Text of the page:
Friday, September 4, 2009

Welcome to the new followers who have recently shown up - thanks for helping me getting a little closer to my goal of having 200 followers by September 8th. I'm so excited that I'm getting so close to that goal - and I promise you dear readers, I will not force you to read another thank you speech this time.

Today's book, "In a back-to-nature move more than a decade ago, Stark uprooted a handful of heirloom tomato seedlings from his Brooklyn brownstone and returned to Eckerton Hill, his Pennsylvanian boyhood home, to harvest two acres of multicolored oddities. From Mennonite country to New York City, using a rusted Toyota pickup, he transported his first auspicious crop of Hill Billies, Tiger Toms and Radiator Charlie's Mortgage Lifters to the Union Square Greenmarket, becoming the unlikely purveyor of apples to heirloom aficionados and Michelin-starred chefs. An amateur farmer with finite experience in organic farming and a rotating cast of weed-pulling hands, Stark takes on hornworms, groundhogs, cantankerous neighbors and route I-78, producing cover-worthy tomatoes for Gourmet, Brooklyn-bound sugar snaps and chocolate habaneros for discriminating farmers' market cognoscenti."

The bad streak continues, with the fourth book in a row that I didn't like. It's a good thing that Suggestion Saturday is tomorrow because I clearly need the decision on what book to read to be taken out of my hands. I'm starting to get really frustrated with all of the awful books that I've read lately. I have the perfect plan for how to reinvigorate the blog for next week - but I'm going to leave you in suspense about that until Sunday (which I'm sure you're all going to lose sleep over.)

There were a few things about the book that I did enjoy:

  • The title of one of the chapters - "So You Think You Want To Be a Farmer?" - really amused me because it made me think of the pamphlets that always appeared on Simpson, "So You've Decided To Ruin Your Live," or my personal favorite,"So You've Decided To Steal Cable."

  • Favorite passage, "Once, during a meeting in Albany, I convinced myself I had forgotten to insert the thermometer into the soil of my chile peppers that morning. Horrific scenarios preyed on my imagination: with the thermometer exposed to air, the heat mats would grow hotter and hotter, the chile seedlings would fry, the refrigerator boxes would ignite. I left the meeting early and flew home to New York City, convinced I would have to rescue my seedlings from a burning brownstone." - I love any passage in a book that makes me feel less high strung, and after reading that, I feel like the most normal person in the world.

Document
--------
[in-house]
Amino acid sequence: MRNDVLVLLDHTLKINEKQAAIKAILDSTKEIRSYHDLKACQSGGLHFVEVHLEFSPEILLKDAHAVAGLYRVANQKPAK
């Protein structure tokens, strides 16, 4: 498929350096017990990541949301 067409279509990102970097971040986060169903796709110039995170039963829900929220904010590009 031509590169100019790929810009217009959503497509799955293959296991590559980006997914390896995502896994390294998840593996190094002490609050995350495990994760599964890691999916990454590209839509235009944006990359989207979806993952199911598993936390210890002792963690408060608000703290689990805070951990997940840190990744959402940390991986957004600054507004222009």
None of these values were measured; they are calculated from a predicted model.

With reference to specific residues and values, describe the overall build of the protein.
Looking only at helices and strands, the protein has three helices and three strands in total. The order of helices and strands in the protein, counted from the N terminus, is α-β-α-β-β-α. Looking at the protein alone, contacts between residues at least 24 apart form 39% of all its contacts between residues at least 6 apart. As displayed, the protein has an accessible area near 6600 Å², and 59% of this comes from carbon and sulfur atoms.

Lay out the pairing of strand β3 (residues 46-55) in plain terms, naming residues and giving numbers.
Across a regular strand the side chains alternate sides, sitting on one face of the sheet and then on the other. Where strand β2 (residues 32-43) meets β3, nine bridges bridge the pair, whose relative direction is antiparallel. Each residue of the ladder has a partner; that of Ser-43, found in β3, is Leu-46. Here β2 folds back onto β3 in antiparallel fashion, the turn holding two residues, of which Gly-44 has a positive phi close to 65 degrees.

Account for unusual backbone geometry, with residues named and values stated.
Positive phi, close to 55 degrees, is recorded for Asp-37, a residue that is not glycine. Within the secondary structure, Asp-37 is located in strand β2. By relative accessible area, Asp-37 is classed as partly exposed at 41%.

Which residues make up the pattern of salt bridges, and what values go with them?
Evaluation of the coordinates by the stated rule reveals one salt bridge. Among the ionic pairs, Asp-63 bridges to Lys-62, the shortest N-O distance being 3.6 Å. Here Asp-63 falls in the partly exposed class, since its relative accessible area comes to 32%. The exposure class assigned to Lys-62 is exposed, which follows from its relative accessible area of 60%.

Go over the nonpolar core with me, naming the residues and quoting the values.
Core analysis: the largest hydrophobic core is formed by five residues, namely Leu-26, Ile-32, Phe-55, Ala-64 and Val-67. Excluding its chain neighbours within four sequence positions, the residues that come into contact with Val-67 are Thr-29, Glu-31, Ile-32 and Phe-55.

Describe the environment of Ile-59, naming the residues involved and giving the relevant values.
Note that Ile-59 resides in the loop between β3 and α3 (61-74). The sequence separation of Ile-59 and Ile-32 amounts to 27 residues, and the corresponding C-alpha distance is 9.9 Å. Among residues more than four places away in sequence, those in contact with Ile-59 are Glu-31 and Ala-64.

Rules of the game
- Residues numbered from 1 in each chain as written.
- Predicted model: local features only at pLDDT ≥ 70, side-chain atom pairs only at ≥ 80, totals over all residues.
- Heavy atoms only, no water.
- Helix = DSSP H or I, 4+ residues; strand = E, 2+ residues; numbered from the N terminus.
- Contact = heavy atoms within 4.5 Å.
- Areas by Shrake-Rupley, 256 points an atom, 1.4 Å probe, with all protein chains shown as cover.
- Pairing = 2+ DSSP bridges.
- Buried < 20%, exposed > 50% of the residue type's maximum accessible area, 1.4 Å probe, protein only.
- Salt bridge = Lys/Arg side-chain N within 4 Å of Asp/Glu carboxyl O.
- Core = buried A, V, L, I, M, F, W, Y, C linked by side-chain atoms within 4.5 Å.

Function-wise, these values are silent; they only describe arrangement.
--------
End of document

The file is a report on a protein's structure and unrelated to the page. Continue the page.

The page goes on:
• The chapter about the differences between Amish people and Mennonites was interesting - although I didn't really learn very much that was new because I used to be fascinated by Amish people as a child and I read quite a few books on the subject. I also grew up near both an Amish and a Mennonite community and so I had a chance to observe the differences first hand. I also had a chance to observe two Amish people flirting once, and it was quite possibly the most awkward moment of my life (and also the most amusing.) And, just so you won't be left in suspense wondering "How is Amish flirting different from regular flirting?" As far as I can tell, there are two differences: 1. Amish flirting among people in their early 20s is more like flirting amongst non-Amish 13 year-olds. There was an excessive amount of giggling involved. (Fun fact: Amish people refer to all people who aren't Amish as "English.") 2. There was no mention of the other person's appearance. That actually makes perfect sense because let's face it, no one looks good in those homemade clothes.

And now for my absolute least favorite part of the book - and that would have to be this sentence, "I've heard it said by people with firsthand knowledge on the subject that groundhog is good eating." - My brain can't even process why it's necessary to put something like that in a book. I'm just going to file it away under "Sentences that I wish I had never read," and do my best to forget about every had read it.